* Windows 2000: 260 ANSI characters or 16,383 Unicode characters
* Windows Millennium Edition/Windows 98/Windows 95: 255 characters
Long values (more than 2,048 bytes) must be stored as files with the file names stored in the registry. This helps the registry perform efficiently. The maximum size of a value is as follows:
* Windows NT 4.0/Windows 2000/Windows XP/Windows Server 2003/Windows Vista: Available memory
* Windows Millennium Edition/Windows 98/Windows 95: 16,300 bytes
Note There is a 64K limit for the total size of all values of a key.
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Raw binary data. Most hardware component information is stored as binary data and is displayed in Registry Editor in hexadecimal format.
Data represented by a number that is 4 bytes long (a 32-bit integer). Many parameters for device drivers and services are this type and are displayed in Registry Editor in binary, hexadecimal, or decimal format. Related values are DWORD_LITTLE_ENDIAN (least significant byte is at the lowest address) and REG_DWORD_BIG_ENDIAN (least significant byte is at the highest address).
Expandable String Value
A variable-length data string. This data type includes variables that are resolved when a program or service uses the data.
A multiple string. Values that contain lists or multiple values in a form that people can read are generally this type. Entries are separated by spaces, commas, or other marks.
A fixed-length text string.
A series of nested arrays that is designed to store a resource list that is used by a hardware device driver or one of the physical devices it controls. This data is detected and written in the ResourceMap tree by the system and is displayed in Registry Editor in hexadecimal format as a Binary Value.
A series of nested arrays that is designed to store a device driver’s list of possible hardware resources the driver or one of the physical devices it controls can use. The system writes a subset of this list in the ResourceMap tree. This data is detected by the system and is displayed in Registry Editor in hexadecimal format as a Binary Value.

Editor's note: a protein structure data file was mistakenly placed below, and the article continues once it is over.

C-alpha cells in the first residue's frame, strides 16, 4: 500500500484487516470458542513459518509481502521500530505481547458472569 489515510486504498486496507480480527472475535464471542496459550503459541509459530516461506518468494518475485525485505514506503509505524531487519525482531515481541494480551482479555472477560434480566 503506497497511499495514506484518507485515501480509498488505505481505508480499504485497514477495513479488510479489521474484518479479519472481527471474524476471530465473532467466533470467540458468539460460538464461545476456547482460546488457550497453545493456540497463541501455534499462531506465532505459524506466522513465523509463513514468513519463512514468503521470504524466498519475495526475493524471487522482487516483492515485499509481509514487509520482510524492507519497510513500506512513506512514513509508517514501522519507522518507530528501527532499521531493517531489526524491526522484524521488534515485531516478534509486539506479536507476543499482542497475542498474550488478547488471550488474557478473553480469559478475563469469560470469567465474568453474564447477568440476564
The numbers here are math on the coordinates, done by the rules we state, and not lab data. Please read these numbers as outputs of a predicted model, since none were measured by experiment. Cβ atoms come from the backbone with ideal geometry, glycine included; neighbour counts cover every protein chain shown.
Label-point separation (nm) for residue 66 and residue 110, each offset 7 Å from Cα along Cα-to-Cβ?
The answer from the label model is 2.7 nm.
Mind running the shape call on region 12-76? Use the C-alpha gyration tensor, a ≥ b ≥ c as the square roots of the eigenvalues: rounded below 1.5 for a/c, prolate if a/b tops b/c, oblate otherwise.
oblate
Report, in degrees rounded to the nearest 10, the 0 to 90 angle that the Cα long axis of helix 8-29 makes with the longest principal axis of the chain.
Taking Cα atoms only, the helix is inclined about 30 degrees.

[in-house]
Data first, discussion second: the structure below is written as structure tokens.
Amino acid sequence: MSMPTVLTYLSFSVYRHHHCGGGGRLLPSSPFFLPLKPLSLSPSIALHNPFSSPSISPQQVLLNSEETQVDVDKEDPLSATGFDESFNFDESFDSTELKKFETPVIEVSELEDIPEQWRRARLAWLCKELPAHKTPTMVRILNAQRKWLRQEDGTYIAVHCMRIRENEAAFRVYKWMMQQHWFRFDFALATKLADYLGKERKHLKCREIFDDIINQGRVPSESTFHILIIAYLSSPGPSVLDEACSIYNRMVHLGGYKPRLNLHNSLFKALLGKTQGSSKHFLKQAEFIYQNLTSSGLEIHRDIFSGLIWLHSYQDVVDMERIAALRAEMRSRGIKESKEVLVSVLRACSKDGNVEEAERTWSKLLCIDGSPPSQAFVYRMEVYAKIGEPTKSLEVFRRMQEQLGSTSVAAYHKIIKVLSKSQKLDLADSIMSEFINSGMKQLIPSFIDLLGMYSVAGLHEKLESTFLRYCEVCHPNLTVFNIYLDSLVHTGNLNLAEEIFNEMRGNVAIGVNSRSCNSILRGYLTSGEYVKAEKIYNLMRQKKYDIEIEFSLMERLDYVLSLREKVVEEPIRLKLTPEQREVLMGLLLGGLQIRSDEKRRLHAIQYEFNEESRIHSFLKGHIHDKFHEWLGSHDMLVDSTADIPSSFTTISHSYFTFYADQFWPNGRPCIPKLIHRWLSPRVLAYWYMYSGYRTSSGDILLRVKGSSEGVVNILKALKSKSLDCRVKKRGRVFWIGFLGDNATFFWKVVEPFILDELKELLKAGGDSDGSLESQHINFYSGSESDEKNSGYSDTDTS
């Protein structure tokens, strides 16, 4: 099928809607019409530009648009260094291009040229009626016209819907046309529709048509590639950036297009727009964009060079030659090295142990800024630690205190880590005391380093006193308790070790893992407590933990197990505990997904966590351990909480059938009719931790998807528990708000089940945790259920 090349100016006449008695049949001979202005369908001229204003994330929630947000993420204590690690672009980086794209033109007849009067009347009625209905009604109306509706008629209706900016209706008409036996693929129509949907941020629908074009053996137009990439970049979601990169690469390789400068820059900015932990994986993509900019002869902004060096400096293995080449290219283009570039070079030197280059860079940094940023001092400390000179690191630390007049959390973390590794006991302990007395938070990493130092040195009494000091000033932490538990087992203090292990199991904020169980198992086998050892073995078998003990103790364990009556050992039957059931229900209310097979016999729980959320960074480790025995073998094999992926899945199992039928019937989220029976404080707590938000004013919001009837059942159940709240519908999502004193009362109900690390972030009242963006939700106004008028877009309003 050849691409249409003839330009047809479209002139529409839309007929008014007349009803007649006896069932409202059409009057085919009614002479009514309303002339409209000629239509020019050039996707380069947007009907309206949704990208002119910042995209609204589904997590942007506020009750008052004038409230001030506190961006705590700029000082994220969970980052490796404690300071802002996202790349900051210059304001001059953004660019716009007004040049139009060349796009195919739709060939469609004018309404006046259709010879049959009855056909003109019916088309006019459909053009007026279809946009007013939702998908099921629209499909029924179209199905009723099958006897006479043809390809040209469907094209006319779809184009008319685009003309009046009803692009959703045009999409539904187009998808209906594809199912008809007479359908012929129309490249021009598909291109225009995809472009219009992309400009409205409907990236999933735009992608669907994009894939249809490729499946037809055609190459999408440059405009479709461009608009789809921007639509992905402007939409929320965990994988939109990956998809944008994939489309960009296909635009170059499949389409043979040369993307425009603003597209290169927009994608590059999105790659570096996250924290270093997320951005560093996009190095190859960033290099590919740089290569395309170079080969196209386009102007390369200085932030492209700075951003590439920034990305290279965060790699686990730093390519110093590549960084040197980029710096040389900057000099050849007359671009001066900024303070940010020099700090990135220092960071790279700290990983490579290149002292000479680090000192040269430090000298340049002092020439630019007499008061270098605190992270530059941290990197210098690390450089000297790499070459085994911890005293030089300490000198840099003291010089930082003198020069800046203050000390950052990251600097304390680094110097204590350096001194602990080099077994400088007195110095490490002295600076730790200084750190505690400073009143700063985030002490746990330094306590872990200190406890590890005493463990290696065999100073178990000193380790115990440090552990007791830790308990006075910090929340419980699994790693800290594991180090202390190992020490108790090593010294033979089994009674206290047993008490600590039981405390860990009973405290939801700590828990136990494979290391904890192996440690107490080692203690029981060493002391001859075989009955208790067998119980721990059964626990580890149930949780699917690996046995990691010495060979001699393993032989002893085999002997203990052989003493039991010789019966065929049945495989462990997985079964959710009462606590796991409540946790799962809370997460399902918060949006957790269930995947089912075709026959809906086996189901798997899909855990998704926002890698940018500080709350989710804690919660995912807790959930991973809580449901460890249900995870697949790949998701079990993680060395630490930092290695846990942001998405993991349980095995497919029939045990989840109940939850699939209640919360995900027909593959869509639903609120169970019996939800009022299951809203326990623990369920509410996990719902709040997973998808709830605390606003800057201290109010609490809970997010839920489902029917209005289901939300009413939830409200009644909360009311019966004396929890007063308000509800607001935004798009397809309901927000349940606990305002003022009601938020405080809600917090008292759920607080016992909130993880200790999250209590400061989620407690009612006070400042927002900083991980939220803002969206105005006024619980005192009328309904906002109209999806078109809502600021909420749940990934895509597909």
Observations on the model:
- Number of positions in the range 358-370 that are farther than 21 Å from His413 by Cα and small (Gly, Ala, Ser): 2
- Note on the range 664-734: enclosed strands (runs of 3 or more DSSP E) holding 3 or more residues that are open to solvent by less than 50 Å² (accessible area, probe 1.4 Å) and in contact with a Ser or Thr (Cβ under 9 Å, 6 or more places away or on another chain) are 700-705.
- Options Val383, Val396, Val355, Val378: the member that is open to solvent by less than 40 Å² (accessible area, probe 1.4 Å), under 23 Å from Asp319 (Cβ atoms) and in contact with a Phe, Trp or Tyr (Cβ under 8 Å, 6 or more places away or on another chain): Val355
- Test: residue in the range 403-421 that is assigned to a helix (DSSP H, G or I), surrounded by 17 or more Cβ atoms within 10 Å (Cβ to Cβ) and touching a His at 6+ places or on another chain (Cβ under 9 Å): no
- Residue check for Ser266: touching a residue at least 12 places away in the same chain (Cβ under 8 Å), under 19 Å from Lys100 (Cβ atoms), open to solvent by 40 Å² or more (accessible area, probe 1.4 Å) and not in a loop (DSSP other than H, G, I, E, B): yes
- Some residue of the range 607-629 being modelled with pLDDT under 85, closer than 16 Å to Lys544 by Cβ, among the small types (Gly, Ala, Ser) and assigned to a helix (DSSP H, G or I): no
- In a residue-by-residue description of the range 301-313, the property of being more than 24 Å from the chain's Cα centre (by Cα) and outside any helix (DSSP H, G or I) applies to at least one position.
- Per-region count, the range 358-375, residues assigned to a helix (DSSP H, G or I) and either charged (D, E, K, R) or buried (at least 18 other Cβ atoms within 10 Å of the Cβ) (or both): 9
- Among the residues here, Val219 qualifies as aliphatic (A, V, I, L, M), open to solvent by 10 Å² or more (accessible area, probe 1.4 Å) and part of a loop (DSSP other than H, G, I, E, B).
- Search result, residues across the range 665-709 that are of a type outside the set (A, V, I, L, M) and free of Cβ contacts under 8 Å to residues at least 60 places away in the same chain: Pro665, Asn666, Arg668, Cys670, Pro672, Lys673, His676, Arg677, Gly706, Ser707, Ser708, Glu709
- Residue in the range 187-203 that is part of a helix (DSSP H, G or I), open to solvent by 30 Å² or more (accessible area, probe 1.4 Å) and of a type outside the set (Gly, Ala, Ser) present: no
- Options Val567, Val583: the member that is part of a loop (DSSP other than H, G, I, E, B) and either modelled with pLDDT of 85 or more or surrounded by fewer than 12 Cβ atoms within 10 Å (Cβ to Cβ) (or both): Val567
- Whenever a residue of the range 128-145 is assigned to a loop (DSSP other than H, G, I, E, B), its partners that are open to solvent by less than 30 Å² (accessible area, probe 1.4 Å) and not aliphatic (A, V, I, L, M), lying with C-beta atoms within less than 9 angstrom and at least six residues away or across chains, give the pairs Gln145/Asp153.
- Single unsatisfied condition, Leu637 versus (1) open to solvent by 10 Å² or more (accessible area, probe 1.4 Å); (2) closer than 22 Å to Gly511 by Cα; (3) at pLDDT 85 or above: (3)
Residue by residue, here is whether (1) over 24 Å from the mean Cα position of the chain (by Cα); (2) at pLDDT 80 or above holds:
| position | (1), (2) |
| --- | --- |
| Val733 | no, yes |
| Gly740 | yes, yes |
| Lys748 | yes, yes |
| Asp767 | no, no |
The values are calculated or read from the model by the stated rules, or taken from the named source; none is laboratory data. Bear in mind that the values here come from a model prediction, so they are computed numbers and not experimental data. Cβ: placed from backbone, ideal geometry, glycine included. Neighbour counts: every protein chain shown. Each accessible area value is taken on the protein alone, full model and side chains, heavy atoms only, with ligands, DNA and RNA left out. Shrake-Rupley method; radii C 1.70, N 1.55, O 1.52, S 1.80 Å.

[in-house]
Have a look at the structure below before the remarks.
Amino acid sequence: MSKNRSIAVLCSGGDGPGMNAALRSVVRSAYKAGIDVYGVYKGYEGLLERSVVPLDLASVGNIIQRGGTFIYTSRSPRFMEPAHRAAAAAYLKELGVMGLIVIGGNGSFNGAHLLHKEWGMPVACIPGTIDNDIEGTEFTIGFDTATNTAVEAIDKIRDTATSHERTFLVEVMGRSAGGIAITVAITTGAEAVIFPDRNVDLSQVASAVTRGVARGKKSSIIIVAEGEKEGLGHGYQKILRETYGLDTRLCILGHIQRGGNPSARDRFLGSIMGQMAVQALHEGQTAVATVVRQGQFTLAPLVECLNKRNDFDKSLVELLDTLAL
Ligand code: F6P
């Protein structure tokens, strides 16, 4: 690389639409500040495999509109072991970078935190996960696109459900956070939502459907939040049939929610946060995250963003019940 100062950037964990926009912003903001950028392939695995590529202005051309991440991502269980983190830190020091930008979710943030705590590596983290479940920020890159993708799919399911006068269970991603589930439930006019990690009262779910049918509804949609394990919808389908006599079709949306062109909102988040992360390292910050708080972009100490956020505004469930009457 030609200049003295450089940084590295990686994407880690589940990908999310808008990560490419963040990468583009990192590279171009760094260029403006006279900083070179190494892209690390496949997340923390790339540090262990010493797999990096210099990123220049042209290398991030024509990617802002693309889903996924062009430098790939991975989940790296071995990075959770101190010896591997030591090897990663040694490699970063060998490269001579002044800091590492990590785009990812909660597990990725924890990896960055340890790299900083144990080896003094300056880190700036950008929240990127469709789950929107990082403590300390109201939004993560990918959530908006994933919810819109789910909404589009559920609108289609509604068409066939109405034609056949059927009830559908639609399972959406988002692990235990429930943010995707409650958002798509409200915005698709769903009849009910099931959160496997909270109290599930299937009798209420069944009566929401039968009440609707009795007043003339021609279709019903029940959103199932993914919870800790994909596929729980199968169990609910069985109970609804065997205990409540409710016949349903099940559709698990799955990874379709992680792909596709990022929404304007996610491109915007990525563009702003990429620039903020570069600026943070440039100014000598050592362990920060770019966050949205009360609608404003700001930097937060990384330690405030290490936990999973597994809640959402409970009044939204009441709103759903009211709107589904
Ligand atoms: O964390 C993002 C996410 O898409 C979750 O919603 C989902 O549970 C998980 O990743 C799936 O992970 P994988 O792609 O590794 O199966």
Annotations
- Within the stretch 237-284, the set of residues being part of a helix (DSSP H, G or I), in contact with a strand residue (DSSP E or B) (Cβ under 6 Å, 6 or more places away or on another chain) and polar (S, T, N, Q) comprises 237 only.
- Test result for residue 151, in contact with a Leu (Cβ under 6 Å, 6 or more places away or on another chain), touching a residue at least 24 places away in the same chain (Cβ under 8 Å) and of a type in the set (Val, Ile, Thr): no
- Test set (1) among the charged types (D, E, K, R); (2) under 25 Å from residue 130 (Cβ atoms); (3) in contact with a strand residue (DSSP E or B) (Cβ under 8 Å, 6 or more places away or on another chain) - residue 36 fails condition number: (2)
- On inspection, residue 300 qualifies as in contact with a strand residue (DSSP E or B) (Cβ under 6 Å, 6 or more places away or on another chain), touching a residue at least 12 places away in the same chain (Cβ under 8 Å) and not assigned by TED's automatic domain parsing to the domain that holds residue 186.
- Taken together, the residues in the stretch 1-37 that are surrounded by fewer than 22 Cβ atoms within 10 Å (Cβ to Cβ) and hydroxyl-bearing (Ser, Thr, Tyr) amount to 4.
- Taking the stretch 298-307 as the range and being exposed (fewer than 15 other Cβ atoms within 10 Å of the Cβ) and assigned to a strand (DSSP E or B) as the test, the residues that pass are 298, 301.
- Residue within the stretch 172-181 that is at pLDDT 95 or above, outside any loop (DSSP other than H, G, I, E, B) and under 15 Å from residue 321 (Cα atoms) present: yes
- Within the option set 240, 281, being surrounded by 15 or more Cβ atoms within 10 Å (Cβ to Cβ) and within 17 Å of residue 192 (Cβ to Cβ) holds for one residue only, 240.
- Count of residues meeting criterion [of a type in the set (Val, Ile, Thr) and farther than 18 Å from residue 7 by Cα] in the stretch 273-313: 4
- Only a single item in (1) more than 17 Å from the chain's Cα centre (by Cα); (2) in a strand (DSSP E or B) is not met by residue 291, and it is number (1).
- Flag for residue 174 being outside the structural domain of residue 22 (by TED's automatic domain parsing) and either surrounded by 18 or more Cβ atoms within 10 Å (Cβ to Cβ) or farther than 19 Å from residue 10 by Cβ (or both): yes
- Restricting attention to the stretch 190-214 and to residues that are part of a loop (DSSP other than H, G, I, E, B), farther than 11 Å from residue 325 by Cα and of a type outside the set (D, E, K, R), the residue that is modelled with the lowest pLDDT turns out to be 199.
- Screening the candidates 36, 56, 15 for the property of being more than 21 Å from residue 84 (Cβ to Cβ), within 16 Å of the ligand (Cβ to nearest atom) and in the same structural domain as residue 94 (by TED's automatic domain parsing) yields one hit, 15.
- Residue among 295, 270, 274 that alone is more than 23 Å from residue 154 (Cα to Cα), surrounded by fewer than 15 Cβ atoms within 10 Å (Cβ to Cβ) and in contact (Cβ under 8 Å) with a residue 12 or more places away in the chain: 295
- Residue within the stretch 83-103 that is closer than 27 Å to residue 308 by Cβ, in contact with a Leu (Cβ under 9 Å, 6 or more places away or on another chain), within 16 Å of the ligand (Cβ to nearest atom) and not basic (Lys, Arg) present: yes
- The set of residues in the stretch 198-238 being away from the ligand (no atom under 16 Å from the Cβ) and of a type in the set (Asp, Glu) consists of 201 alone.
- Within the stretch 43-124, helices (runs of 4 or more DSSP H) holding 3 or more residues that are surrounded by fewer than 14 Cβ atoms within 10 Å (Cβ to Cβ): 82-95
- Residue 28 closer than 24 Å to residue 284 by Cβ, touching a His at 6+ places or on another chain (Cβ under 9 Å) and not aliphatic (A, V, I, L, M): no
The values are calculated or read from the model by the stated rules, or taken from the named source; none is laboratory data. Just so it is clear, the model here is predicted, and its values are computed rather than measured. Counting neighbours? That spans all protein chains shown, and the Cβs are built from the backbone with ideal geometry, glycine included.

A series of nested arrays that is designed to store a resource list that is used by a physical hardware device. This data is detected and written in the HardwareDescription tree by the system and is displayed in Registry Editor in hexadecimal format as a Binary Value.
Data without any particular type. This data is written to the registry by the system or applications and is displayed in Registry Editor in hexadecimal format as a Binary Value
A Unicode string naming a symbolic link.
Data represented by a number that is a 64-bit integer. This data is displayed in Registry Editor as a Binary Value and was introduced in Windows 2000.
Back up the registry
Before you edit the registry, export the keys in the registry that you plan to edit, or back up the whole registry. If a problem occurs, you can then follow the steps in the “Restore the registry” section to restore the registry to its previous state. To back up the whole registry, use the Backup utility to back up the system state. The system state includes the registry, the COM+ Class Registration Database, and your boot files. For more information about how to use the Backup utility to back up the system state, click the following article numbers to view the articles in the Microsoft Knowledge Base:
308422 (http://support.microsoft.com/kb/308422/ ) How to use the Backup utility that is included in Windows XP to back up files and folders
320820 (http://support.microsoft.com/kb/320820/ ) How to use the Backup utility to back up files and folders in Windows XP Home Edition
326216 (http://support.microsoft.com/kb/326216/ ) How to use the backup feature to back up and restore data in Windows Server 2003
Edit the registry
To modify registry data, a program must use the registry functions that are defined in the following MSDN Web site:
Administrators can modify the registry by using Registry Editor (Regedit.exe or Regedt32.exe), Group Policy, System Policy, Registry (.reg) files, or by running scripts such as VisualBasic script files.
Use the Windows user interface
We recommend that you use the Windows user interface to change your system settings instead of manually editing the registry. However, editing the registry may sometimes be the best method to resolve a product issue. If the issue is documented in the Microsoft Knowledge Base, an article with step-by-step instructions to edit the registry for that issue will be available. We recommend that you follow those instructions exactly.